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Re: Faster, smashter.
From: Dragos Ruiu <dr () kyx net>
Date: Mon, 8 Dec 2008 18:43:47 -0800

On 8-Dec-08, at 11:38 AM, Fisher, Dennis wrote:

I wrote a column last week along the same lines as what Dave has to  
Not coincidentally, the column was the result of a discussion with  
and some others a couple of weeks ago. Dave suggested I post it here.

Dennis, go ahead and stop patching, but don't expect us all to  
follow.... :-P

Also, I've noted a big discrepancy between the talk and bragging about  
having unpublished vulns
(let's stop using that silly now meaningless 0day term shall we :) and  
the actual vulnerabilities and
their severities that people have access to. How many times have I  
seen speakers at conferences
talk up the FUD about some vulnerability that turned out to totally  
fizzle in practice? Uh, lots...

IMHO the actual problems we see from unpublished vulnerabilities are  
few and far between. Fortunately,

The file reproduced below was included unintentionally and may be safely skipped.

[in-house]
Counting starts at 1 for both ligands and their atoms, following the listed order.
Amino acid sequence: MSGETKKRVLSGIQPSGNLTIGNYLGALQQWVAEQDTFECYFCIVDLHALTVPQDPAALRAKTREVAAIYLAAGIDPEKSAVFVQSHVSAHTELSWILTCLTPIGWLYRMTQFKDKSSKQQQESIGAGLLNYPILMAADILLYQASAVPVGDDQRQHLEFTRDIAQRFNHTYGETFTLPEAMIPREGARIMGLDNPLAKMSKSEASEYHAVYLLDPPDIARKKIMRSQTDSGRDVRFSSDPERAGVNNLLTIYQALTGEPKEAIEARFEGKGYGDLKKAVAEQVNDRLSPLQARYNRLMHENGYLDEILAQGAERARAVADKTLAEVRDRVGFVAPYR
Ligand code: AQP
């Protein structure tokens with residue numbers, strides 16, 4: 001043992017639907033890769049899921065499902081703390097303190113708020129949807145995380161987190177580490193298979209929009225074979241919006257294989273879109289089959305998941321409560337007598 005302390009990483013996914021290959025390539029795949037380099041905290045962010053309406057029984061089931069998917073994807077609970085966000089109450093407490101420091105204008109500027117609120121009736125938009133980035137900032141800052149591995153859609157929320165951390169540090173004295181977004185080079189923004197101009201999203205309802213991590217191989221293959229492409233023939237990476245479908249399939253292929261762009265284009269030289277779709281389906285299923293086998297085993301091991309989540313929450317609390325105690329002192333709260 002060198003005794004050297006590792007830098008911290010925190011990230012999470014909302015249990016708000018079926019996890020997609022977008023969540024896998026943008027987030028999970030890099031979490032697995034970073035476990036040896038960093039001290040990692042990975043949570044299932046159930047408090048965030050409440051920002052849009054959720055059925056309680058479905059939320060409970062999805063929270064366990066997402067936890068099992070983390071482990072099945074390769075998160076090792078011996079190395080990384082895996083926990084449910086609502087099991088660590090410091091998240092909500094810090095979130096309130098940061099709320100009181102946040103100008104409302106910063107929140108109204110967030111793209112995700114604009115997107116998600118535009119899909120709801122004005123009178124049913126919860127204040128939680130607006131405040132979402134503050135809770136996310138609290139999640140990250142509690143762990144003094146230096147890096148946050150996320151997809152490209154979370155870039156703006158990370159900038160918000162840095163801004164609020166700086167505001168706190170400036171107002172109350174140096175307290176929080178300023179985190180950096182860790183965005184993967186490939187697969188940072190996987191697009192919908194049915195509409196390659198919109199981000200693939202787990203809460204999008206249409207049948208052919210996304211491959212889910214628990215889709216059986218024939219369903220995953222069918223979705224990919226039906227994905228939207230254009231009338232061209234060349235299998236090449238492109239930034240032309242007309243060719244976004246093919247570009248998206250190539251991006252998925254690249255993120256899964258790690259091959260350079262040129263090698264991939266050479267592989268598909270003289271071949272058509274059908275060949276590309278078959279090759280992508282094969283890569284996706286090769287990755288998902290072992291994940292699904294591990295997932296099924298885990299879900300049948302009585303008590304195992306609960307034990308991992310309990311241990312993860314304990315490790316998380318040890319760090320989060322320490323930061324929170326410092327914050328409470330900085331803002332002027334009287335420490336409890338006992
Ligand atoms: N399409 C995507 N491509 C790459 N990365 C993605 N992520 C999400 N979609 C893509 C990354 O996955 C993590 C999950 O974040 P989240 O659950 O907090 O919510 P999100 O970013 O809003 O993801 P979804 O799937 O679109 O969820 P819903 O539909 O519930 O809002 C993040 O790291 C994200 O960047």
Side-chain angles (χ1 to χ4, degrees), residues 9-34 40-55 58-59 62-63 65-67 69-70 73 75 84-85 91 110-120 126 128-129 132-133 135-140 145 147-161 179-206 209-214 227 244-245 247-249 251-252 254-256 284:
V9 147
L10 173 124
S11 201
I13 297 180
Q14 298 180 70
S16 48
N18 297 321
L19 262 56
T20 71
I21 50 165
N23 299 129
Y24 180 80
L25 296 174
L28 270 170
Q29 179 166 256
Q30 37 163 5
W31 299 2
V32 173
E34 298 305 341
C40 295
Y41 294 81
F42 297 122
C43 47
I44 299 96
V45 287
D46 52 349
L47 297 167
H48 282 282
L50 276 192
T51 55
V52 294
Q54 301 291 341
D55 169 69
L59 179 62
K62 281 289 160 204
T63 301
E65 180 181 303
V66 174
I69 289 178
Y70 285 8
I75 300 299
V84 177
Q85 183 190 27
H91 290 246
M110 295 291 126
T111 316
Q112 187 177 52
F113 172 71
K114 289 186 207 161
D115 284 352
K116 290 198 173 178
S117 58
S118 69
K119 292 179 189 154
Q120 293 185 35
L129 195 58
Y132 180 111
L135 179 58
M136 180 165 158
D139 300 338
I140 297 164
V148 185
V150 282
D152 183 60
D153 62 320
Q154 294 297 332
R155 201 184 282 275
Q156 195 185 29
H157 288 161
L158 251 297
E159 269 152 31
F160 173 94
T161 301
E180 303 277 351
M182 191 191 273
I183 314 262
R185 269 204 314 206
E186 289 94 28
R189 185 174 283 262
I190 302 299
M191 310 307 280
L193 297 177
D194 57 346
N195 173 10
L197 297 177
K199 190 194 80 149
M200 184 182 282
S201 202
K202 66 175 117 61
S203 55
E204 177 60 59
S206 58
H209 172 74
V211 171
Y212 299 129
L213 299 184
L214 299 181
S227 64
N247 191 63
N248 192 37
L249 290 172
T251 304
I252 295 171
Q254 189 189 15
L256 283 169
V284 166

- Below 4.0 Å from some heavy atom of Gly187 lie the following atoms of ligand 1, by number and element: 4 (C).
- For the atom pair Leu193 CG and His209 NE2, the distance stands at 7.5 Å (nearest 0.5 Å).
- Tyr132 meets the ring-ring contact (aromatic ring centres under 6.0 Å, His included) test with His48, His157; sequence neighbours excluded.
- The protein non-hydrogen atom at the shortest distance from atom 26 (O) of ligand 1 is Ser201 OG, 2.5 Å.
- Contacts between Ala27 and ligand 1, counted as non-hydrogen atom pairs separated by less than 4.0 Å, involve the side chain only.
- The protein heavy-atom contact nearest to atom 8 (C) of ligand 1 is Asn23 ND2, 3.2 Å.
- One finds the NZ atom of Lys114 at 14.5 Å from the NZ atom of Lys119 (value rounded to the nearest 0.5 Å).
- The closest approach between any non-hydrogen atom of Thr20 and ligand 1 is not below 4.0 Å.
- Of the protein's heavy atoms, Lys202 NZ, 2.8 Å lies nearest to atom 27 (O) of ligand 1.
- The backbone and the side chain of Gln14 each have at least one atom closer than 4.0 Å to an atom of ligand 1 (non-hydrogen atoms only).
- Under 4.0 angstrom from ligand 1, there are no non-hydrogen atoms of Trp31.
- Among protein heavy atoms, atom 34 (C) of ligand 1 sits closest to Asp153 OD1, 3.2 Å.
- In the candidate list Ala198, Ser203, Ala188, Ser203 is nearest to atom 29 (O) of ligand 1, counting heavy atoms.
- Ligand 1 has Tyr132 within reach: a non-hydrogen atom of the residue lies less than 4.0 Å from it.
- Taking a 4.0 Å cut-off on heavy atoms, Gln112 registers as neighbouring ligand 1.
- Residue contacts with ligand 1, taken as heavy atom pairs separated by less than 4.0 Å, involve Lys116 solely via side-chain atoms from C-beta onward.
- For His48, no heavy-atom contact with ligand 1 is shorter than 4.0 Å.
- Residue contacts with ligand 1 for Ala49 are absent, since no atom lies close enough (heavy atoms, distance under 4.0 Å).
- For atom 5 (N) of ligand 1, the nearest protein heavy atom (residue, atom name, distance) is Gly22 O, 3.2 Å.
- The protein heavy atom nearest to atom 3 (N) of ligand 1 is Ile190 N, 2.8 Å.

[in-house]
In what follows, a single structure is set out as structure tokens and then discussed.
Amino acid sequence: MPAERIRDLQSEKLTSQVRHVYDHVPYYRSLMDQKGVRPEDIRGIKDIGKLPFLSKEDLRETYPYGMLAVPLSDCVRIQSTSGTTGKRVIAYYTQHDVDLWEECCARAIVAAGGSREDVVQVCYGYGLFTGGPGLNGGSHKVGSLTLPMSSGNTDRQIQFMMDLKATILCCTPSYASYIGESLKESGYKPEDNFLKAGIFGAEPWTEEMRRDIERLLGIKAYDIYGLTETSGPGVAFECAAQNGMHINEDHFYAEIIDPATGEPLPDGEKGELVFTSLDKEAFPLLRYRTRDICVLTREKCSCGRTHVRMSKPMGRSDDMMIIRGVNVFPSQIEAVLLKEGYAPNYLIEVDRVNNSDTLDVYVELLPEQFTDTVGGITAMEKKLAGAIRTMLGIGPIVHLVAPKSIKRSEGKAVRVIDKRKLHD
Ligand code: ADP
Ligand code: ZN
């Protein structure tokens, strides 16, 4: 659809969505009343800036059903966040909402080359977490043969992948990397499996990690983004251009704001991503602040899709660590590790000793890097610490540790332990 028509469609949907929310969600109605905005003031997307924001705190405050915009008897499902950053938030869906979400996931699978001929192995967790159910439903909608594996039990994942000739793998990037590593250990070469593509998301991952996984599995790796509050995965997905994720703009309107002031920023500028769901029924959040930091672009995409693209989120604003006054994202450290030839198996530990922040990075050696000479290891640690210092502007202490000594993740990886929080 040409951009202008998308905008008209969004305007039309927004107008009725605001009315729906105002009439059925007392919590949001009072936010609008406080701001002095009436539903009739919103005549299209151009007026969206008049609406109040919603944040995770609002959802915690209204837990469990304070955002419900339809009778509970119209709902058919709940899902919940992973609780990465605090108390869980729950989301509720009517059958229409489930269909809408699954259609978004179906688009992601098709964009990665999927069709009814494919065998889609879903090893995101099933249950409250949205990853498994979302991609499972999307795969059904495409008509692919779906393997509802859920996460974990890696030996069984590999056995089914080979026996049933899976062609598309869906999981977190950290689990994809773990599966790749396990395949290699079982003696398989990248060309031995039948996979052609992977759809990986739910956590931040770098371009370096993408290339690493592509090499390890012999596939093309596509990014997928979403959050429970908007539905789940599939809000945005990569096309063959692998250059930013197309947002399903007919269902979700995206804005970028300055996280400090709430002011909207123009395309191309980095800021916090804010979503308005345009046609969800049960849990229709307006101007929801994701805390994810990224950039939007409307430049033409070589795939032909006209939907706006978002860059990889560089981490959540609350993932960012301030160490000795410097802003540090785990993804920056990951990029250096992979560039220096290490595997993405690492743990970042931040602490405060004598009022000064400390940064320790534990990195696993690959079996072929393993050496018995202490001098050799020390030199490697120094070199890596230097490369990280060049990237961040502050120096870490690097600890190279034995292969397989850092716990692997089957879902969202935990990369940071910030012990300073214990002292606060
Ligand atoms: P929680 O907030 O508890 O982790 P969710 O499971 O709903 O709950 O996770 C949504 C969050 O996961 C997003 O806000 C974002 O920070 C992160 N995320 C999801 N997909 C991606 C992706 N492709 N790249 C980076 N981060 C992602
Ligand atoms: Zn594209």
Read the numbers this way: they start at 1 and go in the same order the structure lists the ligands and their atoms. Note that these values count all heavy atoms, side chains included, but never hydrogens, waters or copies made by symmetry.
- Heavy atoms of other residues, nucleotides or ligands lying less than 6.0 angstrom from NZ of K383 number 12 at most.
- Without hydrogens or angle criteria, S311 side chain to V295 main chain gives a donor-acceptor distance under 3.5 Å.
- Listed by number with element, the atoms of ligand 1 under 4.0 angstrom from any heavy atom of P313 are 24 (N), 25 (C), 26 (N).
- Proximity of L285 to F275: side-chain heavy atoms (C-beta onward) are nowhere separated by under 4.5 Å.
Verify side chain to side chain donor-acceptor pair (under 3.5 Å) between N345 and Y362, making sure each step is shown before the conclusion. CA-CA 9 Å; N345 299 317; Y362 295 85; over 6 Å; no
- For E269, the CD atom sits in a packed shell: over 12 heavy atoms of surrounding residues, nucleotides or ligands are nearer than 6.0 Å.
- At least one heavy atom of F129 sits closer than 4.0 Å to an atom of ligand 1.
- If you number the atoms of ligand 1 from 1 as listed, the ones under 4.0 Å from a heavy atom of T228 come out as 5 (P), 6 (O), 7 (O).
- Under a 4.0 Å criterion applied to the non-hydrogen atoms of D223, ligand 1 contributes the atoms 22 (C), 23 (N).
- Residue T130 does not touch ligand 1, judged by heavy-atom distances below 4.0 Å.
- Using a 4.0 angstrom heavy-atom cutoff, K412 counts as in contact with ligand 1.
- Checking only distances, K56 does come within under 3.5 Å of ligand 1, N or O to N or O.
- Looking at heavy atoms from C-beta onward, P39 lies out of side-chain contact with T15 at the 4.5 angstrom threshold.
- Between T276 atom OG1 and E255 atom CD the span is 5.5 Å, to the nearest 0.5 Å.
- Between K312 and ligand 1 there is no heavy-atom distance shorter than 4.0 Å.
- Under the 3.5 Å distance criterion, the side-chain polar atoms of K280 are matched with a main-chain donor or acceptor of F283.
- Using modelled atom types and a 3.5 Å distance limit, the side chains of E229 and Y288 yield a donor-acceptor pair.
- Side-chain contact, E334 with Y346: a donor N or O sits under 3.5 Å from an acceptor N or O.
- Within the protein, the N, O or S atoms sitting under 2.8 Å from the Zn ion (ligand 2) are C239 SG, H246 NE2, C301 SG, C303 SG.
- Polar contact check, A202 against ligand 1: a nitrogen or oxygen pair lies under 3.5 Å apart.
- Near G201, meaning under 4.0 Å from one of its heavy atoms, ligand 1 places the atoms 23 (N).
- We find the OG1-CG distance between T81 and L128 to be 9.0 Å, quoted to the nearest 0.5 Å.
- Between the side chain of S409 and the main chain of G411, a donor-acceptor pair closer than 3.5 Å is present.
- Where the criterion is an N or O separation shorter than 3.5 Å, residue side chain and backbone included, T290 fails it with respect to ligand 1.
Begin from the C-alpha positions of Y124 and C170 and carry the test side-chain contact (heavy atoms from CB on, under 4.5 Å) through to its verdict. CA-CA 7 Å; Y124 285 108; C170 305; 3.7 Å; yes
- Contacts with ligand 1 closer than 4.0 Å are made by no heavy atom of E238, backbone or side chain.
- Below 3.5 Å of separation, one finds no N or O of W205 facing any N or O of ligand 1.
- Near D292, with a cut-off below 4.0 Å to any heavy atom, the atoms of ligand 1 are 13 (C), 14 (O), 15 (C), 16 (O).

they aren't quite so common that they are thrown around carelessly -  
because to use an unpublished
vuln is to run the risk of losing it. :-)

When a new unpublished vulnerability is discovered in use it's usually  
big news (points to MS08-067).
It also seems most of the malware can do just fine using the same old  
low hanging fruit they've always accessed.

I would also note that it's misleading to say you should throw in the  
towel because one unpublished vuln
can pop your box.  There is more to it than that if you are doing your  
job right. Can they pop it without
being discovered... for how long, and how often? And how good are your  
backups :-P ?

So, I'm not with you in declaring efforts at security a waste of time.  
As a matter of fact I completely
disagree with you, and think we have been making some slow  
progress.... note for instance the
shift to low level vulns and application/client software as the OSes  
and network stacks get
(slowly) hardened. These days remote pre-auth anything is a big deal -  
that certainly wasn't
the case back when the one line patch to samba to make it an exploit  
tool for that SMB flaw
was first circulating. So let's give those security teams at least a  
few deserved pats on the back
instead of jumping on the "OMG we're doomed bandwagon." There is still  
a lot of work to
be done, but throwing in the towel or trying to get others to isn't  
going to get any of it done.


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